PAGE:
He said to me, "The articles on Breakthrough." You can read them at the bottom of the article.

But first, let's summarize the key points.

    1. Playing too many games takes away time that can be spent improving athleticism and skill set.

    There is a delicate balance. And playing too many games can set you back from developing into a basketball player.

    2. Playing too many games can lead to injury.

    You can't improve if you're hurt. You spend a lot of time just getting back to where you were before you were injured. Imagine if you spent all of that time getting better instead of just getting back.

    3. Playing too many structured or coached games can limit improvement.

    If you make more mistakes in a structured environment with a coach, your playing time is reduced. However, how can you improve if you don't ever make mistakes and test your limits? If you play too many games, when can you do this? The offseason is a great time to play in unstructured situations to make mistakes, try new things, and improve your game.

    4. Playing too many games can lead to emotional burnout and no desire to practice.

    This one is pretty self explanatory. However, there is an additional element to this that confuses parents. Many times, you don't know until it's too late.

    It can take a few years of playing too many games until the burnout hits. This means that the first few years that you play a bunch of games, everything is fine and dandy. Then bam... it hits and the kid is just done with the sport. And it's really hard to backtrack from this feeling. This can happen after one or two years. It can happen after seven or eight years.

    It's always better to leave them wanting a little more. And if your child really has that internal passion, they will find games. They will want to attend summer camps. They will want more basketball... this is way better than the alternative.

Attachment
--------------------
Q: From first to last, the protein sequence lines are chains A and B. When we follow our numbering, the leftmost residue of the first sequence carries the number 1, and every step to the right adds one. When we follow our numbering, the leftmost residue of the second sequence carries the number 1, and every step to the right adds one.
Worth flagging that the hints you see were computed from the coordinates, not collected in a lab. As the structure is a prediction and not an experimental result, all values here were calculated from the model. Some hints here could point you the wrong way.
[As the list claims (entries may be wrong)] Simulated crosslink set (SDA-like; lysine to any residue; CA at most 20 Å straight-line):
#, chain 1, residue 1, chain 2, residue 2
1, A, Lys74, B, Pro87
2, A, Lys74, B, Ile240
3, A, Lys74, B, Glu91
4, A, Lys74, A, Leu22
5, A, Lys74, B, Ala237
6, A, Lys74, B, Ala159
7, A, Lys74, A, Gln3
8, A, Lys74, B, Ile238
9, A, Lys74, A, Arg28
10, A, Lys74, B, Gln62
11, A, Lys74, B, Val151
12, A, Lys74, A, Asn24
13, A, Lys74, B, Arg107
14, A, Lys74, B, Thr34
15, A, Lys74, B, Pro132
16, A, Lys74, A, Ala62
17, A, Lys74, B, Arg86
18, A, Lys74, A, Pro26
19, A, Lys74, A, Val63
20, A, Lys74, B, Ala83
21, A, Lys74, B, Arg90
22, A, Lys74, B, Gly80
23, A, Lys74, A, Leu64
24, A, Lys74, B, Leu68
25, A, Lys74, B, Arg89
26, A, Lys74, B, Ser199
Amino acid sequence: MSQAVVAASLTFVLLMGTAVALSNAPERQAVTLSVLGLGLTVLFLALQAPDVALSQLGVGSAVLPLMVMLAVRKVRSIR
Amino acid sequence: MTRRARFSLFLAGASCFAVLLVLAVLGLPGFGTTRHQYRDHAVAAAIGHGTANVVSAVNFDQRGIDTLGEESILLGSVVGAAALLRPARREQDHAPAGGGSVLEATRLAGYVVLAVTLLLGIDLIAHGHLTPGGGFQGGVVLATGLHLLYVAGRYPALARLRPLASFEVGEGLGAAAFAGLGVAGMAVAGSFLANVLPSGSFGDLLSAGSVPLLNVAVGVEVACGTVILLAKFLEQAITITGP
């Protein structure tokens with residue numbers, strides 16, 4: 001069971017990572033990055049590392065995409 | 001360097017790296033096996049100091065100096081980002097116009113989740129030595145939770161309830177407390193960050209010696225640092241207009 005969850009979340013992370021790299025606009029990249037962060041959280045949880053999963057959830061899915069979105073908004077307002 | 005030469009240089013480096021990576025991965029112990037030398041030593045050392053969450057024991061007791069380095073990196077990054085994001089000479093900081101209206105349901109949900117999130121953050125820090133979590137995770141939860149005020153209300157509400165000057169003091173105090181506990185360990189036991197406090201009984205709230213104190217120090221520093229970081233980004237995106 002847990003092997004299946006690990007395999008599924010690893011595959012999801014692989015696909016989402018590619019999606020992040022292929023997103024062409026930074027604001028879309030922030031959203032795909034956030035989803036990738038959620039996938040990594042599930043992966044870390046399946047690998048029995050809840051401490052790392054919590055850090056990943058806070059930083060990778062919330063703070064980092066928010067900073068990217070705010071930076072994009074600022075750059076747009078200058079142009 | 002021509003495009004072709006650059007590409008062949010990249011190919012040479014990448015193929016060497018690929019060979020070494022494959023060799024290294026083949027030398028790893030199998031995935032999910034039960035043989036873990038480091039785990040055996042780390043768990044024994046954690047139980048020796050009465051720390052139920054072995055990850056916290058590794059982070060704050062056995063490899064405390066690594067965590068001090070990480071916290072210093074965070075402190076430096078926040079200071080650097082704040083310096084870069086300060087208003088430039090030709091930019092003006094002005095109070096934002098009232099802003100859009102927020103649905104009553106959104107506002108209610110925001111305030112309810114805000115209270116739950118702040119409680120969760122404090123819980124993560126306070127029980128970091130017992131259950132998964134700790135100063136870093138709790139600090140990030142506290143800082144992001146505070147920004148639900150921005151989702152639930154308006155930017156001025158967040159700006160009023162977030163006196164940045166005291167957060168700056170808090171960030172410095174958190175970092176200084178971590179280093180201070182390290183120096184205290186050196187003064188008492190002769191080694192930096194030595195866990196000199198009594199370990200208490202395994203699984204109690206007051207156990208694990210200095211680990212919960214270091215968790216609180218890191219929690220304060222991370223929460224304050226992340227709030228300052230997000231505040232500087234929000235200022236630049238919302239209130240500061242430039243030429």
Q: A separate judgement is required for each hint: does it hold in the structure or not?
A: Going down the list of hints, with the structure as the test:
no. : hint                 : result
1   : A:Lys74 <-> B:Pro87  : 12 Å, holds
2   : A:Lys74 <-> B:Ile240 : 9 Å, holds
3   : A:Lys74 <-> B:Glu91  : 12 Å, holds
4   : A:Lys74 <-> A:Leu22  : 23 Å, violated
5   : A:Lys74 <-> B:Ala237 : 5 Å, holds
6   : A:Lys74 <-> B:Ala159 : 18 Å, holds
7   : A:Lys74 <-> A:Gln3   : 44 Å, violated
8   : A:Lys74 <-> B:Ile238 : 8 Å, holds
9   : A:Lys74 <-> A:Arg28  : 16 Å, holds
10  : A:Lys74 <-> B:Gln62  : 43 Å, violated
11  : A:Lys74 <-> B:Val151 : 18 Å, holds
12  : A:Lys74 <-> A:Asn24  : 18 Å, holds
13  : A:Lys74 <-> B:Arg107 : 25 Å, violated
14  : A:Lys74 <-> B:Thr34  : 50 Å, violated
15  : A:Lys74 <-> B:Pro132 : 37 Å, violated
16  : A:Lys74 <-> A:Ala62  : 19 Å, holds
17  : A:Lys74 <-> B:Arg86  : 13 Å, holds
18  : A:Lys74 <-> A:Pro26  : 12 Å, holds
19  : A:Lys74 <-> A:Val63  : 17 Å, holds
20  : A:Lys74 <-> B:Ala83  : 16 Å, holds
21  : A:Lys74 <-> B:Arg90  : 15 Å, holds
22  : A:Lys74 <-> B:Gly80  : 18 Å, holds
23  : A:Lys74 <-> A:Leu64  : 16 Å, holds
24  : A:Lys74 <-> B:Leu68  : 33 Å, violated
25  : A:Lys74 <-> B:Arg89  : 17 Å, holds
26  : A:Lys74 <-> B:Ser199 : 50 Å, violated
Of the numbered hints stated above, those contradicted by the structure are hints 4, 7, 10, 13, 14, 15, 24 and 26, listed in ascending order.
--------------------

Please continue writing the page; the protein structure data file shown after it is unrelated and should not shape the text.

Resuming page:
5. We need to let kids be kids.

    Kids are not little professional athletes. However, we have a problem where we treat them like that. We need to step back and take a hard look at what is best for their long term athletic and emotional development.


Final Thoughts And More Resources...

If it's my child, we won't begin to play in a structured environment more than four or five months a year until 15 or 16 years old. Maybe never.

Will we play 3 on 3? Will we get the team together for a few offseason tournaments? Will we do some camps? Absolutely! But we aren't going to be playing 30 to 60 organized games during the offseason.

Also, I'm not against spring/summer club basketball. I'm against playing year round in a structured environment. It might work best for you to play on a club during the spring/summer season and not during the fall/winter season.

And as you can see in past articles, the NBA, USA Basketball, and International Olympic committee supports this approach. Here are some other resources:

Steph Curry & Fear-Driven Early Sport Specialization

No Summer Basketball Under 14 Years Old? Here's Why NBA, USA Basketball, and Olympic Committee Agree.

Youth Basketball Guidelines: From NBA & USA Basketball!



What do you think? Let us know by leaving your comments, suggestions, and questions...




Comments

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Kevin H says:
5/3/2018 at 10:43:00 AM

I agree totally, we should give kids some time to do other things and not get burnout. Learning fundamentals in a fun and energetic way is also important.